Mother’s Day was a meaningful event. I returned Saturday to find a box of Racine Kringles from my daughter. I know how our friends love receiving Kringle from our hometown in Racine where all the Danish bakeries abide. Then the most gorgeous hanging basket arrived. At first, I thought it was blooming roses, as it was so lush. It is overflowing with begonias!

Of course, this inspired me to begin our garden planting. I imagine many of you did the same once we saw the sun. Our “granddaughter” Brittney Pratt stayed overnight to help with this, as is our annual tradition. Brit is blossoming into a beautiful young lady. I never had to tell her how to plant or what utensils to use. We bought her a few vegetable plants for her own yard in Washburn. When she arrived, we took Oliver for quite a hike up to The Yurt. The view is wondrous, and she had never seen a yurt, so that was exciting. After games were played and dinner was done, we three watched “Edward Scissorhands.” Tim Burton is so creative!

Last week CORE’s Friday Friends Lunch featured Carrie Linder, telling us about services for the aged and disabled in the county. She emphasized the need for an advanced directive (Power of Attorney and Financial Guide after we pass on). I took careful notes and shared them with the family of my Hospice client. She gently shares feelings about her stage in life with me. This week I wrote a few letters she dictated to send to her friends afar. When I attended the Volunteer Recognition Party, I was given a pin for 15 years of service. I had not even recalled the time span. Through Hospice, I have met so many great folks who have taught me much about a “smooth exit” from this life.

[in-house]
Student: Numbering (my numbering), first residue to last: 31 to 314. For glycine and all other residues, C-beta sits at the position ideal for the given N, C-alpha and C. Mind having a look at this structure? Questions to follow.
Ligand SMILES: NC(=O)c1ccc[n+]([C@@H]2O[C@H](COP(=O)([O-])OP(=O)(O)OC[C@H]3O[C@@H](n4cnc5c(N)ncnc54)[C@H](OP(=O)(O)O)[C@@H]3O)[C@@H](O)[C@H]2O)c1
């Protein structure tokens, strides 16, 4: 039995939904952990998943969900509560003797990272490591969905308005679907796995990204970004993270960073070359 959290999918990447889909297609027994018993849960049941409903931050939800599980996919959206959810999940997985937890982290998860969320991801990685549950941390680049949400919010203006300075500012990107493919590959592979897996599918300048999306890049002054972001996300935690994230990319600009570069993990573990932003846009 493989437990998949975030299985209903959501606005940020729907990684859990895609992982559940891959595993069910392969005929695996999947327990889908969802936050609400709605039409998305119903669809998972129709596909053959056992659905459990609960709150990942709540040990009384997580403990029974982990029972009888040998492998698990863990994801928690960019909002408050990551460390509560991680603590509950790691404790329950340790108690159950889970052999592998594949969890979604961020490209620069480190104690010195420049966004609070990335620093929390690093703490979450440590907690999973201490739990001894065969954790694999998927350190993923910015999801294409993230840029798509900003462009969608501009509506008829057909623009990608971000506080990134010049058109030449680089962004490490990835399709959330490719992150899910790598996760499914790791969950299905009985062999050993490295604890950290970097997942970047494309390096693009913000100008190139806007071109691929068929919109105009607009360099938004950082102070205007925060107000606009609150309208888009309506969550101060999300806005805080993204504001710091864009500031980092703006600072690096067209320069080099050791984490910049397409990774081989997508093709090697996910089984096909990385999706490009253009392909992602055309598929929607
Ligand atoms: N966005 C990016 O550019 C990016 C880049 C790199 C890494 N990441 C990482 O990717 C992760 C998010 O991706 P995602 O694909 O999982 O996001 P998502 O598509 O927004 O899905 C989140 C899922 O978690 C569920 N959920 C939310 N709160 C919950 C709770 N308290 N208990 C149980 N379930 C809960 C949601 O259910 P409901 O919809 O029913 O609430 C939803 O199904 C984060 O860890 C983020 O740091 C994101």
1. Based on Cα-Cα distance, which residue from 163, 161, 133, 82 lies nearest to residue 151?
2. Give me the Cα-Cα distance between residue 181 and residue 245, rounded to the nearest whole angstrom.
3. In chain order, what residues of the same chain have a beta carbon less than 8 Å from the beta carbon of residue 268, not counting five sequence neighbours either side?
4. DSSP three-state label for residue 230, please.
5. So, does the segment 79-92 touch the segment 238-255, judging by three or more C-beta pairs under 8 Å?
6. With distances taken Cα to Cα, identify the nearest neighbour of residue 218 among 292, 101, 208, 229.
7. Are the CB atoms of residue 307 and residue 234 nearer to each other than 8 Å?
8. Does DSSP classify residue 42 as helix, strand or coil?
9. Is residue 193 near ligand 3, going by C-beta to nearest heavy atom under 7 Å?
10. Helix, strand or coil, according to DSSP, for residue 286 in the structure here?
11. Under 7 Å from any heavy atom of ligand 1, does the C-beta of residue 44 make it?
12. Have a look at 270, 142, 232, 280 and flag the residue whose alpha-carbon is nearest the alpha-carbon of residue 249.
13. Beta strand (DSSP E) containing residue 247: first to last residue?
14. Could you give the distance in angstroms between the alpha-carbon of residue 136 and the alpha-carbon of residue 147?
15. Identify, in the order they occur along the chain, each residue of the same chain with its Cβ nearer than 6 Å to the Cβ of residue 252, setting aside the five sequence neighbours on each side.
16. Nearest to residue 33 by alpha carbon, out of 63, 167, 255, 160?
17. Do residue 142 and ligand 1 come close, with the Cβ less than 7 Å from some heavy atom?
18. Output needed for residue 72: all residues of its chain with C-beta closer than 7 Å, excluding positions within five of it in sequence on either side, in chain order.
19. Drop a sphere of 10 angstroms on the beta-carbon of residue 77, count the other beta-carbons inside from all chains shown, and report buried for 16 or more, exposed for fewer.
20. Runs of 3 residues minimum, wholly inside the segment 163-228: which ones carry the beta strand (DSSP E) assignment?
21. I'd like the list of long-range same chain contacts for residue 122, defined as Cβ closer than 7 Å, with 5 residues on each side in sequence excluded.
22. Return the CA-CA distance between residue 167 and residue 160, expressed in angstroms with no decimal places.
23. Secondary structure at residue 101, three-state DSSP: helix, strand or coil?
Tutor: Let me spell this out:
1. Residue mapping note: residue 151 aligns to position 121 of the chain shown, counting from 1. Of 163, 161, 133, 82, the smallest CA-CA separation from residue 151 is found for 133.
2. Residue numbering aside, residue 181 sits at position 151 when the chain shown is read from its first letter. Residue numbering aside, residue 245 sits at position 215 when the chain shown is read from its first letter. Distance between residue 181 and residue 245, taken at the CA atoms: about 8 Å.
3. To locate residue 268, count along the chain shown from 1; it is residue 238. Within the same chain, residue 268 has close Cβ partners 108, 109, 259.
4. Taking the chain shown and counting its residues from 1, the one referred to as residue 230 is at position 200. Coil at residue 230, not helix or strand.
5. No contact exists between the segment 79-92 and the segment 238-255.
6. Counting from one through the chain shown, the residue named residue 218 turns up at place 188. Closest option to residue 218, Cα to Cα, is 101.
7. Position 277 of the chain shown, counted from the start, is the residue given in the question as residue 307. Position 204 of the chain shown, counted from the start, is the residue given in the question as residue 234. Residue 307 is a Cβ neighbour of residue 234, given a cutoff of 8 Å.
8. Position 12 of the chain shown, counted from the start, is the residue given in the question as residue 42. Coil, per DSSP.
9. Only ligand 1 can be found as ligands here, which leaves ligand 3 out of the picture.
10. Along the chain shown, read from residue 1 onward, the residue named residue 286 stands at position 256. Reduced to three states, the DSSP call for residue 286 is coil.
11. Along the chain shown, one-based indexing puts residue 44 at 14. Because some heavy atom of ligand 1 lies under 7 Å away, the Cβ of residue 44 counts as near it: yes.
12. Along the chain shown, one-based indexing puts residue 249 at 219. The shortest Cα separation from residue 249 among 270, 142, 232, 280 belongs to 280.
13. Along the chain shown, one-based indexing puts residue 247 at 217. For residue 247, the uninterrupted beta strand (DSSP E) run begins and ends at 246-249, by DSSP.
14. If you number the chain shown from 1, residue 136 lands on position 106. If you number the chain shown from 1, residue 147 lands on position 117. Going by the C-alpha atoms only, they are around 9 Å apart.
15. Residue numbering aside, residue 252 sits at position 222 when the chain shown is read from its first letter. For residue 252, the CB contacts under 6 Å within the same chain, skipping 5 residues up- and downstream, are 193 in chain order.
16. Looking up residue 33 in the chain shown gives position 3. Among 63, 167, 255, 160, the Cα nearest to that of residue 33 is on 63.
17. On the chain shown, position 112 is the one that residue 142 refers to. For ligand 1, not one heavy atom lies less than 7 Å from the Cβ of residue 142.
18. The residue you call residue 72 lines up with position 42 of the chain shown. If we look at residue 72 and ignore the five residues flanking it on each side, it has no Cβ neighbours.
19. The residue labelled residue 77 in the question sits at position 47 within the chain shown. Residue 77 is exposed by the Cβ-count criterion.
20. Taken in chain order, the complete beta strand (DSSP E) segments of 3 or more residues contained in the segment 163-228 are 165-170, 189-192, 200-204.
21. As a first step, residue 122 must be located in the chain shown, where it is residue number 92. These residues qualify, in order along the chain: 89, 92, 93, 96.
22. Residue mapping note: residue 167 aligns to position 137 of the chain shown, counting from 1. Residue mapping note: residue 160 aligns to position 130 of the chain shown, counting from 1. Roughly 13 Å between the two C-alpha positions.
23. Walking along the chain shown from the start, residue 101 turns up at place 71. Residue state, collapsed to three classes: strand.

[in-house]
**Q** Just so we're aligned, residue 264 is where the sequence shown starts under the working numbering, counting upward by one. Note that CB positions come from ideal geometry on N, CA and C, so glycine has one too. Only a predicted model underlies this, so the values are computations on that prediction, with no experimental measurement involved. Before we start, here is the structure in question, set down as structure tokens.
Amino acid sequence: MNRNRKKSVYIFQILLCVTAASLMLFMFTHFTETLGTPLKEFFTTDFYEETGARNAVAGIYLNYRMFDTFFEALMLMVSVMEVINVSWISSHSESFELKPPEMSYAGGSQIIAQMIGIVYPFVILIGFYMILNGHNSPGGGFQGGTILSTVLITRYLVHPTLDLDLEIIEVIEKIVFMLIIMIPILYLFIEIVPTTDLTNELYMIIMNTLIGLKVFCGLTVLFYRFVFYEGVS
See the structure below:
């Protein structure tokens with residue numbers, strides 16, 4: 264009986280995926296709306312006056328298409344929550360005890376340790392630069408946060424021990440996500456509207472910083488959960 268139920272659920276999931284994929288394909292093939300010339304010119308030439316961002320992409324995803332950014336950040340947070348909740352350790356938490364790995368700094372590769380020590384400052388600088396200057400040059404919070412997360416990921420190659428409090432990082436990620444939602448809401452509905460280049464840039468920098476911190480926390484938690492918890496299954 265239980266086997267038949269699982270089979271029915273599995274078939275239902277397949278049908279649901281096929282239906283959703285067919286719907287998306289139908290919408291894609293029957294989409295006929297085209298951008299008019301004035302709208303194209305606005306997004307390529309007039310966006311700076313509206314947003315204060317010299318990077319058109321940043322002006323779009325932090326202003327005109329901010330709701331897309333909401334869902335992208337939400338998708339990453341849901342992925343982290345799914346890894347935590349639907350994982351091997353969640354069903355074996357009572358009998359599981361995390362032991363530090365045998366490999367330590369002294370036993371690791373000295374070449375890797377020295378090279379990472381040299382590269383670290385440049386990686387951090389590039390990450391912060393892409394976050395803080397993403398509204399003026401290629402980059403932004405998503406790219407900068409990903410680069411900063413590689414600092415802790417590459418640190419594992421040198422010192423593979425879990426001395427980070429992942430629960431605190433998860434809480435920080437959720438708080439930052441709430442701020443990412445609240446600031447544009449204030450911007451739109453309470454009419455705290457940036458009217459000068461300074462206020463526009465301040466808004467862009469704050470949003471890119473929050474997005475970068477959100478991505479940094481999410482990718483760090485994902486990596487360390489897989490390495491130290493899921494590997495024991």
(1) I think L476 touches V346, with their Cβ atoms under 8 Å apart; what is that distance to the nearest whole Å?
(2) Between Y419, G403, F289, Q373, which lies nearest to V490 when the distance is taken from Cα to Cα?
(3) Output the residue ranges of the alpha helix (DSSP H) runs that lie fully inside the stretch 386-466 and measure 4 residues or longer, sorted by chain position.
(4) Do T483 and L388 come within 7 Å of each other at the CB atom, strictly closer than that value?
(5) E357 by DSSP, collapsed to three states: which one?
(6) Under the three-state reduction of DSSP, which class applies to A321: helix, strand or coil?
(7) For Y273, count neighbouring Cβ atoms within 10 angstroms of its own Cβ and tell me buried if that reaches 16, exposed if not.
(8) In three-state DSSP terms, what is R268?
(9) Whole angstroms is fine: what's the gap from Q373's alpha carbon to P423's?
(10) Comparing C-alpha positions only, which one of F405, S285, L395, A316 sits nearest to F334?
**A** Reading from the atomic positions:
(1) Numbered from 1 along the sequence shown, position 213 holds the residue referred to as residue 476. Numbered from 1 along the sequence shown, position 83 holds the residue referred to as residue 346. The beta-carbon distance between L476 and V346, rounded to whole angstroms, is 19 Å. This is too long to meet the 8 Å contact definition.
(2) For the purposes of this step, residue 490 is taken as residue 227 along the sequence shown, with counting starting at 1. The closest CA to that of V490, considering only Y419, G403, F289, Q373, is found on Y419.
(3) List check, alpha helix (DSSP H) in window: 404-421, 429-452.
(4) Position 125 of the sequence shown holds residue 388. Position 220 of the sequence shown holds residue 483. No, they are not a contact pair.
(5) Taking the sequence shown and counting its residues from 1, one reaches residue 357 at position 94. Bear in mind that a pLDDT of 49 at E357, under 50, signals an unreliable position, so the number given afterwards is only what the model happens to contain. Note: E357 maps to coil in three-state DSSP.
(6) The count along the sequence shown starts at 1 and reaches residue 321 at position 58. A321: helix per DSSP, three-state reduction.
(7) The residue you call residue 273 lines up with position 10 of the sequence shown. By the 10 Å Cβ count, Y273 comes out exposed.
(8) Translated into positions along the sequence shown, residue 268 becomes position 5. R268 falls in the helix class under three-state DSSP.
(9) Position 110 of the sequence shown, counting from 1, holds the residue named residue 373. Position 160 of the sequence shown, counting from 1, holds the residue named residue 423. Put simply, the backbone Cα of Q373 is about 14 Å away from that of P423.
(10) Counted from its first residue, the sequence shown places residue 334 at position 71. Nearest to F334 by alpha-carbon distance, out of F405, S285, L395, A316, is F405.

Mike and I also attended the WPR Celebration Party. Their programs are an essential part of our lives. We walked away with T-shirts, glasses, car magnets, and good music in our ears. We told the staff how much we miss Garrison and are grateful he was in our lives. Imagination enriches us so. The next day I went to the WIN (Women in Networking) lunch at the Co-op. They were celebrating their first-year anniversary, and attendance was remarkable. Mike was just asked to join an Ad Hoc Task Force for WITC that guides them in expanding offerings for Entrepreneurship. Networking is at the heart of this.

He asked me to tell you that the Feasibility Study for the proposed Lake Superior Center for Fisheries, Aquatic Research, and Education is almost complete. There is a possibility of establishing a Science Center in Chequamegon Bay, near the Oredock. This would serve the Lake Superior Watershed.

For those of you who have a hearing loss like me, the recent HLAA newsletter summarized a trip to Madison to meet with legislators. The two issues shared were 1. Awareness of telecoils (as hearing specialists should tell their clients about the coil that allows better hearing at an event that has a coil and how to access that via their hearings aids), and 2. Requiring such telecoils in all government buildings. (Our NGLVC has one built into their walls in the Theatre Room).

Remember that the Bird & Nature Festival begins there this week (Thursday-Saturday). The offerings are many. Check with the Ashland Chamber for programs and registration. We always spend the day Friday and will bird-walk with David Bratley, canoe with a group for fish and fowl, and see a film called “The Messenger.” The event has grown immensely and is always interesting.

On May 17 (Our Anniversary!) you can attend “January in Antarctica” sponsored by CORE for those 55 and over. It is rescheduled, as it ironically was cancelled earlier due to snow. This will take place at the Bayfield Library from 10-11:15 a.m. Friends will share their trip and refreshments.

I would like to add a personal Thank You to Kathy Hanson who has been my copy editor for years. She is both patient and responsible. She is taking a job with The Sawyer County Record. Kathy, You were greatly appreciated!

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